On Monday September 19 2016 02:08:12 Jeremy Huddleston Sequoia wrote:

>> The icon cache sits in the user's $TMPDIR, and AFAIK that directory is 
>> emptied at boot.
>
>No.  /tmp is emptied at boot, not /var/tmp and not /var/folders.

Did that change after 10.9? I keep a Finder window open on $TMPDIR on one of my 
"Spaces", and it's always empty after logging in to a new session (which I only 
do after rebooting).

>Well, if you're able to update to 10.10+, launchd2 is much much nicer at 
>helping triage such things...

At some point I guess I will... (have to...)

>There are ACL settings somewhere to control that.  It's not based on uid.  I 
>don't recall what it is off the top of my head.

OK, great, let me know if anything comes to mind that could help me in a google 
search.

>> , and when?  Boot time? Or login, and if so, what kind of login?
>
>The user (background) session is created whenever the user does pretty much 
>anything (ssh, cron, sudo -u, screen sharing, etc.).
>The gui (aqua) session is created wheneger the user logs in to the gui (screen 
>sharing, console, etc).
>

And the gui session is never taken down when the user logs of the gui?

Should one think of launchd as the equivalent of Linux's systemd, or does it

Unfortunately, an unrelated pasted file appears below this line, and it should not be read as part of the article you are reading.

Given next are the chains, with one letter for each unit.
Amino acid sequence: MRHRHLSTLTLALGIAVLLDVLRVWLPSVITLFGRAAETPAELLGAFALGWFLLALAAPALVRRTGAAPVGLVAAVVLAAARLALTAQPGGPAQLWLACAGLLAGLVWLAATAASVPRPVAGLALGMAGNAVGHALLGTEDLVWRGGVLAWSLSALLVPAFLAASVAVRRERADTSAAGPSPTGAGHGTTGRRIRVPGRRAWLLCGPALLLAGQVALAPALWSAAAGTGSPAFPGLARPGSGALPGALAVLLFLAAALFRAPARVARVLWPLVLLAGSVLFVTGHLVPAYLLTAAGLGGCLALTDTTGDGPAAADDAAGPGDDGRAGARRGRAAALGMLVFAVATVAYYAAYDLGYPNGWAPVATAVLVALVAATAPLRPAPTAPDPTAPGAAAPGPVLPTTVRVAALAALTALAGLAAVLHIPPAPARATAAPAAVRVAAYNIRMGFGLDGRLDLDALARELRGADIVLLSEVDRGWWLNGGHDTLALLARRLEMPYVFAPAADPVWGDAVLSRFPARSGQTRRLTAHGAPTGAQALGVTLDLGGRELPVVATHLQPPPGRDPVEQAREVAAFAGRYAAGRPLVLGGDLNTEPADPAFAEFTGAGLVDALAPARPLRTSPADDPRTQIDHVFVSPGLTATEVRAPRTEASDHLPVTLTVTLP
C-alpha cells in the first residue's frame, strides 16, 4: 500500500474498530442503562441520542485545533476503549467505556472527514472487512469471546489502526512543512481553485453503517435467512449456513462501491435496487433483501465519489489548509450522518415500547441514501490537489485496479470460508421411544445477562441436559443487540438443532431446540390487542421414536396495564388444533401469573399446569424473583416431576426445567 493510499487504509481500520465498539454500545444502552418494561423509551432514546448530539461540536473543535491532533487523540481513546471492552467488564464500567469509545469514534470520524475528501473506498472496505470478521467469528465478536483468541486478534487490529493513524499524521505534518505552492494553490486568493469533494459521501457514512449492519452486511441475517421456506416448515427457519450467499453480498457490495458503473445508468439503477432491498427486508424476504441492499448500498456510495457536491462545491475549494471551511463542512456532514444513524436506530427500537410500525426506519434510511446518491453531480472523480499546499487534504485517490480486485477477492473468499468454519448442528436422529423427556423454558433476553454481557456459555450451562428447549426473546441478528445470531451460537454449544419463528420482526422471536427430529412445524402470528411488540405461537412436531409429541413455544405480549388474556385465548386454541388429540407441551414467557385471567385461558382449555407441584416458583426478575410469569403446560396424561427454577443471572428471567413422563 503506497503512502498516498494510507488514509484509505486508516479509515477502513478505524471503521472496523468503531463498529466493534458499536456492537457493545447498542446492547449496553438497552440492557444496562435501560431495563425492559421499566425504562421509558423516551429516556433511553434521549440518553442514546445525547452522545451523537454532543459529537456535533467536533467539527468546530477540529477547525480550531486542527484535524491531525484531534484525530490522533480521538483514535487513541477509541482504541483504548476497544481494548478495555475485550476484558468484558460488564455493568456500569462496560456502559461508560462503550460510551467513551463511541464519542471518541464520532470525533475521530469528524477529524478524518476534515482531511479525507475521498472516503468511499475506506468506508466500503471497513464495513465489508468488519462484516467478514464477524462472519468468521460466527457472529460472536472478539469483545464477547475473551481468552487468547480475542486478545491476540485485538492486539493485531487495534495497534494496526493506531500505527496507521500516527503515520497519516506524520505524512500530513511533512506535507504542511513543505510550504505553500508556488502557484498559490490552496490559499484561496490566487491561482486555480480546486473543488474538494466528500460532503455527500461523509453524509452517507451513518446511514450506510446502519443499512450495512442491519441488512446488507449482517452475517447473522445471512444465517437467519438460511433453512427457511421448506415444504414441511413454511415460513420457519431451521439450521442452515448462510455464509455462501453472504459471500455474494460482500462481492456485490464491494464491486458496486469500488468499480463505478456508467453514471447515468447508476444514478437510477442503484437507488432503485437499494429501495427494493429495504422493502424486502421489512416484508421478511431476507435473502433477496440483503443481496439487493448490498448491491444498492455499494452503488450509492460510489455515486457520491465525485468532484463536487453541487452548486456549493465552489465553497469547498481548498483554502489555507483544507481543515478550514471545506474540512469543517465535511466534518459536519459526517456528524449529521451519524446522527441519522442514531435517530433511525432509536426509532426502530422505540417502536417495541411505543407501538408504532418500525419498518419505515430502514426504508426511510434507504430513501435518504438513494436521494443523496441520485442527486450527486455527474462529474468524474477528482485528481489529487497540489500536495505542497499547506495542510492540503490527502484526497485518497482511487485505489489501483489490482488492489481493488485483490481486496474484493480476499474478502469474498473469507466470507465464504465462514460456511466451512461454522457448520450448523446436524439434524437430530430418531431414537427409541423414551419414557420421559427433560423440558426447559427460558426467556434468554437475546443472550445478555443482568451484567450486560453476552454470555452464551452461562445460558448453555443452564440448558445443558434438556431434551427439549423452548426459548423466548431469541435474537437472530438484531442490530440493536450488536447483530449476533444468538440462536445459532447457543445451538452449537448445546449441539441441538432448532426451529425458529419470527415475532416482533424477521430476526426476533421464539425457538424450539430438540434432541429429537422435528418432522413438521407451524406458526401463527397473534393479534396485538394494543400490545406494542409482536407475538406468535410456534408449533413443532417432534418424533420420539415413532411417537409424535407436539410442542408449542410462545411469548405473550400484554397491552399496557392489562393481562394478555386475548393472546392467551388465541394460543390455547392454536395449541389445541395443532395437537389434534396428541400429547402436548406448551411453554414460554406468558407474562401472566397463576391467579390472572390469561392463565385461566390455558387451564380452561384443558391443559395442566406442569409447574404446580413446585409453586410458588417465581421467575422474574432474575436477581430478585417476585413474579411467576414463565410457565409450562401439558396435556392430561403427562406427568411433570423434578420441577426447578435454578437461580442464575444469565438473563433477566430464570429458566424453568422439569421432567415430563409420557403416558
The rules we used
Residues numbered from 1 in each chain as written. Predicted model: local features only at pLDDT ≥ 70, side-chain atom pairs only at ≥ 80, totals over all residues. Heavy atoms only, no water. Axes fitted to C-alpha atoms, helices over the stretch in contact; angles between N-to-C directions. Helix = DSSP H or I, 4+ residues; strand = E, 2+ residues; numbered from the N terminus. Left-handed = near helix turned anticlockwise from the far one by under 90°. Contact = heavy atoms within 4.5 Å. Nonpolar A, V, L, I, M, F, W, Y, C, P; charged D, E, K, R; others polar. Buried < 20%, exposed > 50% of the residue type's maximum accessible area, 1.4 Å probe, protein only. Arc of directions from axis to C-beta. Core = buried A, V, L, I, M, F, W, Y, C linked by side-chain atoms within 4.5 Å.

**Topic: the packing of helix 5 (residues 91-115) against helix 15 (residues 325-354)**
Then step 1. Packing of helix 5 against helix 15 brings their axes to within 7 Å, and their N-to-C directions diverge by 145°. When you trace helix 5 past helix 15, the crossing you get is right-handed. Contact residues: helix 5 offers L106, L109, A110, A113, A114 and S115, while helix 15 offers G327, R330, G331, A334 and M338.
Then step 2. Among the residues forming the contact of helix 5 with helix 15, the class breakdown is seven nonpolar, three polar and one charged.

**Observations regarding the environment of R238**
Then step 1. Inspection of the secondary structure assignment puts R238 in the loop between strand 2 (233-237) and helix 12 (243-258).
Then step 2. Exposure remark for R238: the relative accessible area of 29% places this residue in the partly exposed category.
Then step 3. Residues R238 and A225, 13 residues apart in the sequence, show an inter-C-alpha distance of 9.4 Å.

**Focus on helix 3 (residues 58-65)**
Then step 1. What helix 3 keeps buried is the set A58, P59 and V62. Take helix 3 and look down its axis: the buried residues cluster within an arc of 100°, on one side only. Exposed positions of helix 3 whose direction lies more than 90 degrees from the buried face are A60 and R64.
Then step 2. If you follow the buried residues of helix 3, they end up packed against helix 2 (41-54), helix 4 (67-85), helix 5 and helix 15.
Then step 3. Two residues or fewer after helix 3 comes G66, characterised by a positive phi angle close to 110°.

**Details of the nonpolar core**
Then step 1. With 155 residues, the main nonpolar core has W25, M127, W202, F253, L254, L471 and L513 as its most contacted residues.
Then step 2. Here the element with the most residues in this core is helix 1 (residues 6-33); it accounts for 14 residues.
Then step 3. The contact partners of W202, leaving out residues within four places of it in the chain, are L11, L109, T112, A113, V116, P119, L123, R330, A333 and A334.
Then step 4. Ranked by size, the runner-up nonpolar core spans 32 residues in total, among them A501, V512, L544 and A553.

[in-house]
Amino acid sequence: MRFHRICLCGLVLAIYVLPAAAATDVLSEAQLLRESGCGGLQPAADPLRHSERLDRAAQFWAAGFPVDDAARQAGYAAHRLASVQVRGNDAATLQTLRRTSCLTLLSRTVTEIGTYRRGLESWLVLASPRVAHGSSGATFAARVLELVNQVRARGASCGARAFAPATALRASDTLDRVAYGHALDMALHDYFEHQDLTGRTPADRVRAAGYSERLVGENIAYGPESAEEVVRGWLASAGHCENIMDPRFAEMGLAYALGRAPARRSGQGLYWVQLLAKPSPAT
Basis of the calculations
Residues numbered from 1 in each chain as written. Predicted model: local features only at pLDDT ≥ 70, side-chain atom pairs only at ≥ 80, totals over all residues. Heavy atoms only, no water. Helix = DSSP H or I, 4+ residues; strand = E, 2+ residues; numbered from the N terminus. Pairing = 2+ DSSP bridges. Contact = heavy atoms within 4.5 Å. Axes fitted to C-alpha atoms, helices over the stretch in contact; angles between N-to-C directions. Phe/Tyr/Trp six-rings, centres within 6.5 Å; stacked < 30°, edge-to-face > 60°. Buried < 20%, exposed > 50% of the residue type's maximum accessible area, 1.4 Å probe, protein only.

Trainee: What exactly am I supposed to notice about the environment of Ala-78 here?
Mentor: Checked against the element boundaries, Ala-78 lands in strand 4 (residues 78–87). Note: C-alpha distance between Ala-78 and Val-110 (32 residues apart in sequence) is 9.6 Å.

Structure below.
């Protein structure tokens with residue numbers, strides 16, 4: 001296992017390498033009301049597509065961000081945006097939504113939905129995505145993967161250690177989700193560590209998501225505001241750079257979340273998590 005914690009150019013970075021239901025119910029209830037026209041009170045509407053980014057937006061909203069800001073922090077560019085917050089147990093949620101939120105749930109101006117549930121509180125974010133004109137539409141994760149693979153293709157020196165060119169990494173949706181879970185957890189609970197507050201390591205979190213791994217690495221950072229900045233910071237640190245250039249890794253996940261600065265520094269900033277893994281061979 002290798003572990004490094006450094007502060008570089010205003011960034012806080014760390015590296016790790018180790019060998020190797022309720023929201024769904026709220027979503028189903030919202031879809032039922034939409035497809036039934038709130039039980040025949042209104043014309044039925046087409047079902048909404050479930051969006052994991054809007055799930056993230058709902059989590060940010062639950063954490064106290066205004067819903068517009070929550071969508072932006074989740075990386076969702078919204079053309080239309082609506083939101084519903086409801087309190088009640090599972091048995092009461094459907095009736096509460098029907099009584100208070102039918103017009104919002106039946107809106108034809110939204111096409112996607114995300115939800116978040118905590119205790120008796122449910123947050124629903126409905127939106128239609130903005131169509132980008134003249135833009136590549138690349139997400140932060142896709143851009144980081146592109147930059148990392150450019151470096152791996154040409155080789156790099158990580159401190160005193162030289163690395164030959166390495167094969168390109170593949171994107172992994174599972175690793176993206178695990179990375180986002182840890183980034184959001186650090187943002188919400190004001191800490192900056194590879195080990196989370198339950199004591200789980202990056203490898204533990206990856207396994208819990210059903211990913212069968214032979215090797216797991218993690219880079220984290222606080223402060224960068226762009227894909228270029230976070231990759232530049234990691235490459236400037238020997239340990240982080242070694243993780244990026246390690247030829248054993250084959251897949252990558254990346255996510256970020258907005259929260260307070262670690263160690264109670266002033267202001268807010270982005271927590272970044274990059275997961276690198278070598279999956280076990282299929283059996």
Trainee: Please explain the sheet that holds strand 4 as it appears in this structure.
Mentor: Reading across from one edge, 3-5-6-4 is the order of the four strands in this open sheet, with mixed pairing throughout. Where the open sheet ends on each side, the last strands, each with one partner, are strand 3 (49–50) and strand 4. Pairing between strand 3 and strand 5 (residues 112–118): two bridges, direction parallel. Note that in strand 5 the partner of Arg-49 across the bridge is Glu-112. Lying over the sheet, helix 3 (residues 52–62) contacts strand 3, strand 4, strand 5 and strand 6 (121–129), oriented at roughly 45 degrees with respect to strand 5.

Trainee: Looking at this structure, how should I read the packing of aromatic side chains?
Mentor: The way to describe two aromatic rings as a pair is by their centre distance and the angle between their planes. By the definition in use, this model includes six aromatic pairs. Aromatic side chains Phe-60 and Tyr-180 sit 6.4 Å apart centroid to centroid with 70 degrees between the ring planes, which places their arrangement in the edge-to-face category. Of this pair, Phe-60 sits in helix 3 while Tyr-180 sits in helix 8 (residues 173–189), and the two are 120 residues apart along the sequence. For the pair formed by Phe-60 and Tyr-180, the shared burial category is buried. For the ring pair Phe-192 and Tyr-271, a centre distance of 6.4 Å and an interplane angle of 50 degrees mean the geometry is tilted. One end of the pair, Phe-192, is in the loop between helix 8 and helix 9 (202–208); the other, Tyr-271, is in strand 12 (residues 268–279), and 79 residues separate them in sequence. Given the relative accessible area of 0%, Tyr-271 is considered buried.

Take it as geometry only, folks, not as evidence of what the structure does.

also have bits of DBus?

>iconservicesagent processes? 2, one in the system domain and one in my user's 
>aqua session:
>$ ps aux | grep iconservicesagent
>jeremy            677   0.0  0.1  2918544  19908   ??  S    Mon09AM   0:08.85 
>/System/Library/CoreServices/iconservicesagent
>root               92   0.0  0.0  2516172    492   ??  Ss   Mon09AM   0:00.47 
>/System/Library/CoreServices/iconservicesagent
>

How large is root's icon cache? Do you have any idea why the agent is running 
for root? Because of the login manager, maybe?

>Yes.  That's a clear privacy violation.  User A could use that to determine 
>what applications User B has installed.  If there happened to be some kind of 
>image rendering exploit, User A could install an app private to them to cause 
>User B to render compromised icons.  Etc, etc, etc.

And you're seriously thinking that user A couldn't figure that out otherwise, 
like from looking at the output from ps (running ps in a cron job because 
evidently no 2 users can be logged in to the gui at the same time).

Even if keeping track of who's entitled to access which bits of cached icon 
info the cache agent could prune the cache, removing everything that hasn't 
been accessed for more than a reasonably long time.

>Have you looked at the cache to see exactly what the icons are that are taking 
>up so much room?  I suspect that might give you a clue as to how they're 
>getting there in the first place.

Well, I did take a look, but there' a LOT of files in there, and they all seem 
to be quite small. That's backed up by the percentages in brackets from 
afsctool; those are CPU loads. With 4 threads that should approach 400% if 
there were only large files; the smaller the number, the more time the 
algorithm spends waiting for I/O instead of compressing data.

R.

PS: 
Aqua, seriously? Is that term still being used or is it just a hardcoded string 
in a couple of places that was never changed? Because there isn't much left of 
the original watery appearance; possibly only the default selection/highlight 
colour ... :)
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